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Old 05-23-2003, 09:43 PM   #21
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Minimum Orders

If you find what you want and can't seem to get by the minimum order thing, check with some of the builder's surplus stores. If you're patient, you might be surprised what you can come up with.
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Old 05-23-2003, 11:20 PM   #22
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I was planning to do wood floors in my house, I may just need to save a few scraps and class up my little trailer. Of course decent countertops would probably do a lot more for it than hot shot floors. Ahh the projects go on.
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Old 05-26-2003, 08:20 PM   #23
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That's a given Chalrie. you fix the floor then you got to do the counter tops because they don't match, then that shows up the old cabinet doors. on and on and on

so now that we have our foor picked out, how do we level that fiberglass floor? mine has so many dips and bumps. didn't show up with carpet, but it will with that lilinoomiumun- linolium - what you said.
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Old 05-27-2003, 12:06 AM   #24
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We presently have an almost white vinyl flooring in our 16ft Scamp. We sort-of like it and sort-of don't like it. It is light and cheerful, but tends to look a bit ugly unless it has just been scrubbed. So I have been considering something different.

I would love to have a solid hard-wood floor, but I am concerned about expansion due to dampness, i.e., spills or leaks or perhaps high humidity. Has anyone had an experience with wood floors in a trailer that developed a roof leak? How about Pergo?
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Old 05-27-2003, 10:54 AM   #25
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Price wins, for now...

Well, I decided to go with a remnant of carpeting since it is *free*. It is "cheap landlord beige" carpeting leftover from when my house was carpeted prior to my purchase of said house. I figure it will do the trick for a while and when I get sick of it (and it wears out, since I already know from the house that it will do so rapidly) I'll do something more pricey and charming. I'm just going to cut to fit and not even glue it down.
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Old 05-27-2003, 12:49 PM   #26
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If you want to do ceramic tile, it's not really a problem, but it isn't installed the same as in a home. First, skip the cement board backer. Don't use regular thinset tile adhesive, either. Use a multi-purpose flooring adhesive, such as Henry's 356, which stays somewhat flexible. Don't use standard grout - use a water-cleanup caulk. Work the caulk into the grout lines, and then sponge over it with a barely damp sponge to remove the excess and smooth the caulk. Oh - user smaller tiles, too - not over 6". This way the floor has plenty of opportunities to flex as needed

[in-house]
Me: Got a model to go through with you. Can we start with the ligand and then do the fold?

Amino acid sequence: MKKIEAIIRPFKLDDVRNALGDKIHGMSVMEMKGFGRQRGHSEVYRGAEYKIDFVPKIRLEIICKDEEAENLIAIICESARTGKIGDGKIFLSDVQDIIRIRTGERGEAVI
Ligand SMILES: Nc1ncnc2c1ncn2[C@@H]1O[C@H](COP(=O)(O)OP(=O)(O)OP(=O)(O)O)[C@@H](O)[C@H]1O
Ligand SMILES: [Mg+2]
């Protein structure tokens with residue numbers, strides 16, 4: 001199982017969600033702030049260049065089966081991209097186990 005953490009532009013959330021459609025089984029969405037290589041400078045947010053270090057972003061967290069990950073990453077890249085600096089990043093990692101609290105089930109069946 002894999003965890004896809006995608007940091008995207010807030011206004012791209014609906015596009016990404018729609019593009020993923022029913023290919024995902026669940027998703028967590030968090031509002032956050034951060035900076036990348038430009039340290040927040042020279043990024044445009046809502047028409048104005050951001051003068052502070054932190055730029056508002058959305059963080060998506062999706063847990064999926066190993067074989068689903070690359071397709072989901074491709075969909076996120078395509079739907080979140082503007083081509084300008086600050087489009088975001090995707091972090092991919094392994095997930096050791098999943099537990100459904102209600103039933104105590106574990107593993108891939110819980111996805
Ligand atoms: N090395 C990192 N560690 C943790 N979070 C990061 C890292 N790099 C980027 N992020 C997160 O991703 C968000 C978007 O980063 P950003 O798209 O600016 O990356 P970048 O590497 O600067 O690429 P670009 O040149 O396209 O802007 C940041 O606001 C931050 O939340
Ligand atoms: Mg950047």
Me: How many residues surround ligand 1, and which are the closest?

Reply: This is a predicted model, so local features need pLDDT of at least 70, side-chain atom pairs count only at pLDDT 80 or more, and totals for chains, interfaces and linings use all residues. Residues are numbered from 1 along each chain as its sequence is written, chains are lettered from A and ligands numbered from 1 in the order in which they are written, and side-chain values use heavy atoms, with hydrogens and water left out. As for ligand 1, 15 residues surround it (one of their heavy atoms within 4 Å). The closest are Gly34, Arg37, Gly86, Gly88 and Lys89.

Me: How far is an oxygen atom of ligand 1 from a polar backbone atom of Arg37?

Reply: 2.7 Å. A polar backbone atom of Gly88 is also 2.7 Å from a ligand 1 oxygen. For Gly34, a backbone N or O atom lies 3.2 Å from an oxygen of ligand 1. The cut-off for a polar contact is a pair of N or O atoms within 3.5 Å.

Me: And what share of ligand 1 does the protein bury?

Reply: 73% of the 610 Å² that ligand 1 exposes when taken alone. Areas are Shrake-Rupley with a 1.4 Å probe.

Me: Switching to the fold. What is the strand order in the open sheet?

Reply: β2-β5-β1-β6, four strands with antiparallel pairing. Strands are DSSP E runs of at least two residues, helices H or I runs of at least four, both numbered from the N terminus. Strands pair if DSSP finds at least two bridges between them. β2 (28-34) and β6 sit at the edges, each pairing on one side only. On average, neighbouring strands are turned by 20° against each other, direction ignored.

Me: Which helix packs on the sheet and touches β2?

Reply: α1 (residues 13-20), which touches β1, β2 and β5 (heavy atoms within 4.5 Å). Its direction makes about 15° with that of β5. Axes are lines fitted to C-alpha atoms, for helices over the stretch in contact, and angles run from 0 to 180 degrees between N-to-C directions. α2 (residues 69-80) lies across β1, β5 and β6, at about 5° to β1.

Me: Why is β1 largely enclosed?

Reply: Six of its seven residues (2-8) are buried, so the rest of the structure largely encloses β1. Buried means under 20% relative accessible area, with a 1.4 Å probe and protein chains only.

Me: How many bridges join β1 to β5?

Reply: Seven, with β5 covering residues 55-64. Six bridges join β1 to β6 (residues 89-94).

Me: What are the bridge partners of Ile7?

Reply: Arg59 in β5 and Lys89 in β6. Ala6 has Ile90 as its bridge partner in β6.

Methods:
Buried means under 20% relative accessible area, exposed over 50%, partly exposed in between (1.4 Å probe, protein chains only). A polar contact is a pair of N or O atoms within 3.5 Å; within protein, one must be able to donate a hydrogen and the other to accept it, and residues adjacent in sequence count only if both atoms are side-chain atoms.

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Old 01-07-2006, 09:51 AM   #27
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I just came across this thread as I was searching for flooring, and I'm curious--has anyone had any issues with expansion/contraction/cracking/buckling of their hardwood floors? We are planning on using our trailer for both winter and summer use (and we live in SW Colorado, so there's a decent amount of temperature difference). I am also fascinated by the bamboo floors (look, price, use of renewable materials) and think I would love to use them, although the Home Depot salesperson told me I absolutely have to nail it down (of course he also thought I was crazy for wanting to install anything but carpet in our trailer--so I'm taking his opinion with a grain of salt! ). I would really like to float the floor in the trailer, since I think that would be better in terms of give/flexing. The bamboo does have the tongue and groove installation (so I wonder if I really HAVE to nail)--has anyone disregarded the advice to nail/glue down a wood floor?
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Old 01-07-2006, 10:00 AM   #28
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Myself, I used a 3/4 inch plywood (8 ply) over the existing 5/8" plywood for a super strong floor surface. I then used real bolts to bolt through the plywood and onto the frame. The bolts going through the floor of the Burro actually hold the body to the frame. The original screws used were half eaten away. Now I have a very sturdy connection and a new flat, strong (8 ply, 3/4") wood floor.

I use indoor/outdoor carpet over this. I do this because you can get remnants inexpensive and change it out once a year. That way I can really use the trailer without worrying about spilling on the floor, getting dirt/mud, or having the dog sleeping on the floor. For about $15 - $20 a year I can have a new piece of indoor/outdoor carpet.